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Kassoum Ouattara impressively stamping his mark at AS Monaco

Securing the services of Kassoum Ouattara from Ligue 2 side Amiens SC last November has proven a real masterstroke by AS Monaco.

Reportedly paying in the region of just €2 million to bring him to the French Riviera, there’s been plenty of upside to be extracted from his exploits so far.


Having started making waves in the youth teams of US Ivry and FC Montrouge before joining the Amiens academy in 2020, all it took was two years until he was first promoted to the first-team.

Debuting in the 2022-23 campaign for Les Licornes, he went on to gain valuable professional experience over his 12 appearances.

He then carried on his momentum to begin last term too, for not only did he start Amiens’ first 10 games of the crusade, but he also made his bow for France’s U20s.

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With Caio Henrique’s devastating knee injury ruling him out for the season, the impressive Ouattara was duly snapped up as a replacement on a five-year deal by Les Monegasques.

“First of all I would like to say thank you to the club for the trust, to Thiago [Scuro] and to the coach of course. At that time of the season, it’s true that it was quite unusual to change teams. But as a footballer, you have to know how to adapt to progress quickly and be ready fairly quickly in the event of change,” Ouattara said.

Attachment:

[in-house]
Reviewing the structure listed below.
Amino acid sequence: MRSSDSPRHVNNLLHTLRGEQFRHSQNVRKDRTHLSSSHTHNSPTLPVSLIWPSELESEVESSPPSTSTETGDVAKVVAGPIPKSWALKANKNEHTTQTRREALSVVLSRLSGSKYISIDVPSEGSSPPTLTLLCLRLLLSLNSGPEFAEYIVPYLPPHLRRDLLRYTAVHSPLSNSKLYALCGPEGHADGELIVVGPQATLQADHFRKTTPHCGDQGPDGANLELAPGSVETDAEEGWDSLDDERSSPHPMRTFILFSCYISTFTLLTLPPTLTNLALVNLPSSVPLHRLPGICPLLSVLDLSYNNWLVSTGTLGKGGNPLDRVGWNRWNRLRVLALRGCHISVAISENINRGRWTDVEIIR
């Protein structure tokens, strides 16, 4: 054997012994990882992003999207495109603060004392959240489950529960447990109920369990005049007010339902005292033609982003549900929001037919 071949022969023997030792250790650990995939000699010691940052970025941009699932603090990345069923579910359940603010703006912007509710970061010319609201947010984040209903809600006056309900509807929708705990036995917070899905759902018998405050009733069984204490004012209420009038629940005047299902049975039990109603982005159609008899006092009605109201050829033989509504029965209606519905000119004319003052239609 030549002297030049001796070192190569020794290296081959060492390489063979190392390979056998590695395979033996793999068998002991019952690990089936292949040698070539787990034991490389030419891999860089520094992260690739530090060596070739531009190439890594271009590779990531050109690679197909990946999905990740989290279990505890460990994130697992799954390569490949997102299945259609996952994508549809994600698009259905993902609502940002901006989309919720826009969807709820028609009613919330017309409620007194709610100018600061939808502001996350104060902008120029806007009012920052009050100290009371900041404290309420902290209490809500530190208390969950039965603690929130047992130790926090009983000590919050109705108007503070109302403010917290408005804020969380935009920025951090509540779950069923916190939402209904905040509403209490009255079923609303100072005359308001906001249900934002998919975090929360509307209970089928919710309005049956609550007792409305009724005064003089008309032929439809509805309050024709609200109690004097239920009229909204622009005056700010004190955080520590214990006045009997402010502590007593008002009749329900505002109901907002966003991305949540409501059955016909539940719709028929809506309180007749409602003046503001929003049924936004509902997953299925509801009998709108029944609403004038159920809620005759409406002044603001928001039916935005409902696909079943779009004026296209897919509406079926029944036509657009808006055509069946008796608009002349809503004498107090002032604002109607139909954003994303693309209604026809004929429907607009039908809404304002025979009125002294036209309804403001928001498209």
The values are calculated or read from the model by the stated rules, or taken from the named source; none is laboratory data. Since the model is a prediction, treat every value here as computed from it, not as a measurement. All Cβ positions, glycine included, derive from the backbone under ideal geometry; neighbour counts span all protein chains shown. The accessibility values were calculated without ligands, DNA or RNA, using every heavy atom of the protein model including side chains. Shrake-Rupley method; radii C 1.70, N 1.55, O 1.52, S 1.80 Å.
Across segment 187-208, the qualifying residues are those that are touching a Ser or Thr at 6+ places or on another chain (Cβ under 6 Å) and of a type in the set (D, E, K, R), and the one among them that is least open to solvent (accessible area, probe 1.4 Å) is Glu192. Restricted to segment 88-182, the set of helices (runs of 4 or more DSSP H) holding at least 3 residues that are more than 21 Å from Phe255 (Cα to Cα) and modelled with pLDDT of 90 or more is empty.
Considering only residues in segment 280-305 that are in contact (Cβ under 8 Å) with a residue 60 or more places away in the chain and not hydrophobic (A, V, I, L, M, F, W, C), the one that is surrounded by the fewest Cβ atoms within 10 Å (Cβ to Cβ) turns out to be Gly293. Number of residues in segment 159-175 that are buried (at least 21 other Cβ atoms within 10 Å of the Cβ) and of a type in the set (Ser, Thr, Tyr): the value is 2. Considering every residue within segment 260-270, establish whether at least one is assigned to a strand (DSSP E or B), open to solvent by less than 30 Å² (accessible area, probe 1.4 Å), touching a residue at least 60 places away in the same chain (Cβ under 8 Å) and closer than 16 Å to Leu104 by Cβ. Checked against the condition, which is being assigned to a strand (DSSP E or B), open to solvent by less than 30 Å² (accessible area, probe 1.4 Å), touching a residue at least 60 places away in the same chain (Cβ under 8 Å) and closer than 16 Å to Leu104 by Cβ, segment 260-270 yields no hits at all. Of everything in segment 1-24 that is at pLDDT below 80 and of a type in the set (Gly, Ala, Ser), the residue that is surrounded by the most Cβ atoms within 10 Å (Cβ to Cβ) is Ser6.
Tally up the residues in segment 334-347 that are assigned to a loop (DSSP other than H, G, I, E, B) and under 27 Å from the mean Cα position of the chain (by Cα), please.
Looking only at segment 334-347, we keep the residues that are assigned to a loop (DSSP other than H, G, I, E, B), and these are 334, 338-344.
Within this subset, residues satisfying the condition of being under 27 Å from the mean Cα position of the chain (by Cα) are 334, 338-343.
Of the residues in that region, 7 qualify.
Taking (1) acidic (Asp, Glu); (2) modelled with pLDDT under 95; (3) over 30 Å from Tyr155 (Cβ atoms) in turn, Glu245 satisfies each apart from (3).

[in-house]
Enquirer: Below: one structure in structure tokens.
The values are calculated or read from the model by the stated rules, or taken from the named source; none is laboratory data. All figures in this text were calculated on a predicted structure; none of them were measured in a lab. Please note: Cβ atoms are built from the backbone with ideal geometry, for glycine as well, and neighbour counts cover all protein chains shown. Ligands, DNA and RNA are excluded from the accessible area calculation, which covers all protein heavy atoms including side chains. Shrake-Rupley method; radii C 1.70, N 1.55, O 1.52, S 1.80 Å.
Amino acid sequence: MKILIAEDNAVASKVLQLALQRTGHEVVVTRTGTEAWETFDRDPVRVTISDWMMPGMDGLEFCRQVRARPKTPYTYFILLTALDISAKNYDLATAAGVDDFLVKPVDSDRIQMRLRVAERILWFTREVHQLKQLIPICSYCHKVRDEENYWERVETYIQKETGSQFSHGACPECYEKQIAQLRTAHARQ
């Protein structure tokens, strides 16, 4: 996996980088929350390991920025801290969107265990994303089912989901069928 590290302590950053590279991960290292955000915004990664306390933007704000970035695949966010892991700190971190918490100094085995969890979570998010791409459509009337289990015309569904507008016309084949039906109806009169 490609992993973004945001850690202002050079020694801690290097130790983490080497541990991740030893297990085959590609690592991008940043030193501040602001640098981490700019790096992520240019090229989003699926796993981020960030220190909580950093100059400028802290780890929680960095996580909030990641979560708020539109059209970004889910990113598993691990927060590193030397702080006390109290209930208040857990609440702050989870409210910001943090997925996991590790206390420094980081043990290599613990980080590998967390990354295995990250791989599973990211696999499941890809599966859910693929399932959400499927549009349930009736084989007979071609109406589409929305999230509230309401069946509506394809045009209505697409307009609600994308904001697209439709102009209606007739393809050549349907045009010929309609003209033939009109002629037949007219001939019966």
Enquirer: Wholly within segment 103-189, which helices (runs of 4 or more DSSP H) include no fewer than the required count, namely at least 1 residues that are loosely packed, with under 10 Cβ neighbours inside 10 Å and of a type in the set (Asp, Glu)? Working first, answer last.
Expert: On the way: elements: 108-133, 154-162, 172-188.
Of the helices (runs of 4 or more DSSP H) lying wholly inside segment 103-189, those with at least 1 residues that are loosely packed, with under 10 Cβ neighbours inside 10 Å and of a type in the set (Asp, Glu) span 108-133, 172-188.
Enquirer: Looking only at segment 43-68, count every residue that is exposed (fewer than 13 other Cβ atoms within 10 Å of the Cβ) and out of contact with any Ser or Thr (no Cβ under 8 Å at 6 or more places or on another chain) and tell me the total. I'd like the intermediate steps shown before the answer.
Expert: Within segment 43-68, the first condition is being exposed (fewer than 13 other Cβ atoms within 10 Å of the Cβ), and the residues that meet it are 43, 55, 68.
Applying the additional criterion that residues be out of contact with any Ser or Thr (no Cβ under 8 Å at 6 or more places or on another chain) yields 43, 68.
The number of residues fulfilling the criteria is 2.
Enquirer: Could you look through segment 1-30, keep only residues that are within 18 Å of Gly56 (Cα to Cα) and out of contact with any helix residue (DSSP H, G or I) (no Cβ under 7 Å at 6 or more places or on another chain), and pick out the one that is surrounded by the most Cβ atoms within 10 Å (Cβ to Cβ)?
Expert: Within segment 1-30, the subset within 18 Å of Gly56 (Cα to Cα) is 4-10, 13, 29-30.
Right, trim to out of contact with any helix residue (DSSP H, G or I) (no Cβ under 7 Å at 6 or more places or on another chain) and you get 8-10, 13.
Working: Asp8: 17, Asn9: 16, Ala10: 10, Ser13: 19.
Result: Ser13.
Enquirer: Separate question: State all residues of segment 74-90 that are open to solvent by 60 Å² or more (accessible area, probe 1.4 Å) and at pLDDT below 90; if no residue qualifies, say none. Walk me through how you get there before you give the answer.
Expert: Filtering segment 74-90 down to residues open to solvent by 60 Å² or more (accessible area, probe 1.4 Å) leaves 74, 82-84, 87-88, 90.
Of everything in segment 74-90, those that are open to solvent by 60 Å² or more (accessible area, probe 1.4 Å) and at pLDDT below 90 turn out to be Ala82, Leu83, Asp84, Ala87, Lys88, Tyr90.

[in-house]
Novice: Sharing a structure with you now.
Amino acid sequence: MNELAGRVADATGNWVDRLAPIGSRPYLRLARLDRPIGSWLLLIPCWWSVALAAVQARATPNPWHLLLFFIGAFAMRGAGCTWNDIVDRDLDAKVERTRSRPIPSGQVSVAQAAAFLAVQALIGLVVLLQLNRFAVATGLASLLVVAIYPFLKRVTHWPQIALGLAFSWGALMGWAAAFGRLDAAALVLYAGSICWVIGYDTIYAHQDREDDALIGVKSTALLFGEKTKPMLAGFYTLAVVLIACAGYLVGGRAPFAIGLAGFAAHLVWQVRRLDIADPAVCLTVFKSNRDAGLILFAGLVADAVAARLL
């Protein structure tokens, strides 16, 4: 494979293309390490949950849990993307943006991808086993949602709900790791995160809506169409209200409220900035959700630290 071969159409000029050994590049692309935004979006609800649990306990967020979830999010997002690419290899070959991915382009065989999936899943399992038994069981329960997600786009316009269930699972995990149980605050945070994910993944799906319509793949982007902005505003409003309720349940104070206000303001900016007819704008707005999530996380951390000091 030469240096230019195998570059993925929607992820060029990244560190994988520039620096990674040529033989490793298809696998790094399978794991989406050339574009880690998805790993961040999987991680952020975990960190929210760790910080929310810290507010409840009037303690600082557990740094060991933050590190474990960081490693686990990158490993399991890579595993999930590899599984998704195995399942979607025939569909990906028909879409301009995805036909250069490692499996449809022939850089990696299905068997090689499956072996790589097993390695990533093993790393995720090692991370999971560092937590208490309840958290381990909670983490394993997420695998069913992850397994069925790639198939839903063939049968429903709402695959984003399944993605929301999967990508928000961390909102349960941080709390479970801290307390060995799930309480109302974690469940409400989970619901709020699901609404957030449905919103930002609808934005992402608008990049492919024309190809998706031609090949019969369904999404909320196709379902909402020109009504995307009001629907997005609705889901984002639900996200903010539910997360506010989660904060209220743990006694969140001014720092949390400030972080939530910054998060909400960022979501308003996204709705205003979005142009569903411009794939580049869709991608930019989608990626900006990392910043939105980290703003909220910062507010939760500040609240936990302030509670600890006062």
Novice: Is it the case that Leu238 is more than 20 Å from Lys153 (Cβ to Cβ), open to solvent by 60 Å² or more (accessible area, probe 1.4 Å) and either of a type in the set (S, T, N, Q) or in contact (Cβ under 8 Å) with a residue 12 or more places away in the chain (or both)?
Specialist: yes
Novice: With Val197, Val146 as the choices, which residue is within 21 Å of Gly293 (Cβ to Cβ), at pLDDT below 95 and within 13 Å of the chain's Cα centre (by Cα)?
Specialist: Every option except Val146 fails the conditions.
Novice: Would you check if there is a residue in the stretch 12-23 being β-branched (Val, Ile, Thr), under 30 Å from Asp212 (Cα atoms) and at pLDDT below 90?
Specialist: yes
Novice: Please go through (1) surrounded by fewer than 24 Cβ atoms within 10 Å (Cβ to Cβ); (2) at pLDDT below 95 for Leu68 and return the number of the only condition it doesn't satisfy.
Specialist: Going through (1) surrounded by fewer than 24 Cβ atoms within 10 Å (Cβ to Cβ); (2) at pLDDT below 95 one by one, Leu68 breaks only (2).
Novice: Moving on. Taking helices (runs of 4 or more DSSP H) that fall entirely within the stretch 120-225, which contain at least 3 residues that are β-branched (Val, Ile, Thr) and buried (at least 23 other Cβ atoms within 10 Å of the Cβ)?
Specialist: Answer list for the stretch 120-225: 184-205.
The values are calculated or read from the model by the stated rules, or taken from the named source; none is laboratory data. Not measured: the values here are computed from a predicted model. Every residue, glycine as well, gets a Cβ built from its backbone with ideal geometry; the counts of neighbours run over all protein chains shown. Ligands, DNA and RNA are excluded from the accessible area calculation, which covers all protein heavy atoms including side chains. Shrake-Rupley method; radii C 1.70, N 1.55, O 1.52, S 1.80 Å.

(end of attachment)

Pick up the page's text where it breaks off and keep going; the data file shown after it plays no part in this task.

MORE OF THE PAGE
Noting Adi Hutter’s offensively-geared approach as a particularly exciting aspect of why he joined, this has proven the case, for it’s given him a strong platform to use his attributes to the fullest. “Of course the AS Monaco style of play is something I like, it’s a team that attacks a lot and likes to put on a show, so that speaks to me. I like to attack, it’s in my blood. So playing this offensive style obviously made me want to join the club.”


He then added this: “It’s true that I’m very comfortable as a left-sided wingback, because I already played in this position last season. This season with Amiens, we played more with four at the back, so I can also be comfortable in this configuration.

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“My qualities? I am rather comfortable in different aspects of the game, whether on the defensive or offensive level. I like to attack, but this season I also played in a four-man defence, I worked on the defensive side of things as well.”

Settling in nicely to the Austrian tactician’s plans, the man who idolised Brazilian legend Marcelo and has a huge appreciation of Caio Henrique has made steady progress despite arriving at a unique point in the season.

Related Reading: Adi Hutter: Everything you need to know about the AS Monaco manager

Granted his debut almost immediately against Stade Brestois, Ouattara was then eased in wisely by Hutter, who’s an expert at working with younger players. Initially given minutes off the bench while he adjusted to his new surroundings and teammates, it wasn’t long before he was starting games on the left side of ASM’s defence.

The French U20 international finished the season with 17 appearances in all competitions, including nine starts against the likes of Paris Saint-Germain, Olympique de Marseille, RC Lens, Reims and Montpellier.

Gaining crucial top-flight experience and going from strength to strength, his emergence has been extremely encouraging. Especially impressing on the big stage in Monaco’s 0-0 draw with PSG, the way he gathered some quality momentum and handled the step up in class from Ligue 2 to Ligue 1, which he admitted is far more intense and technical, warrants immense praise.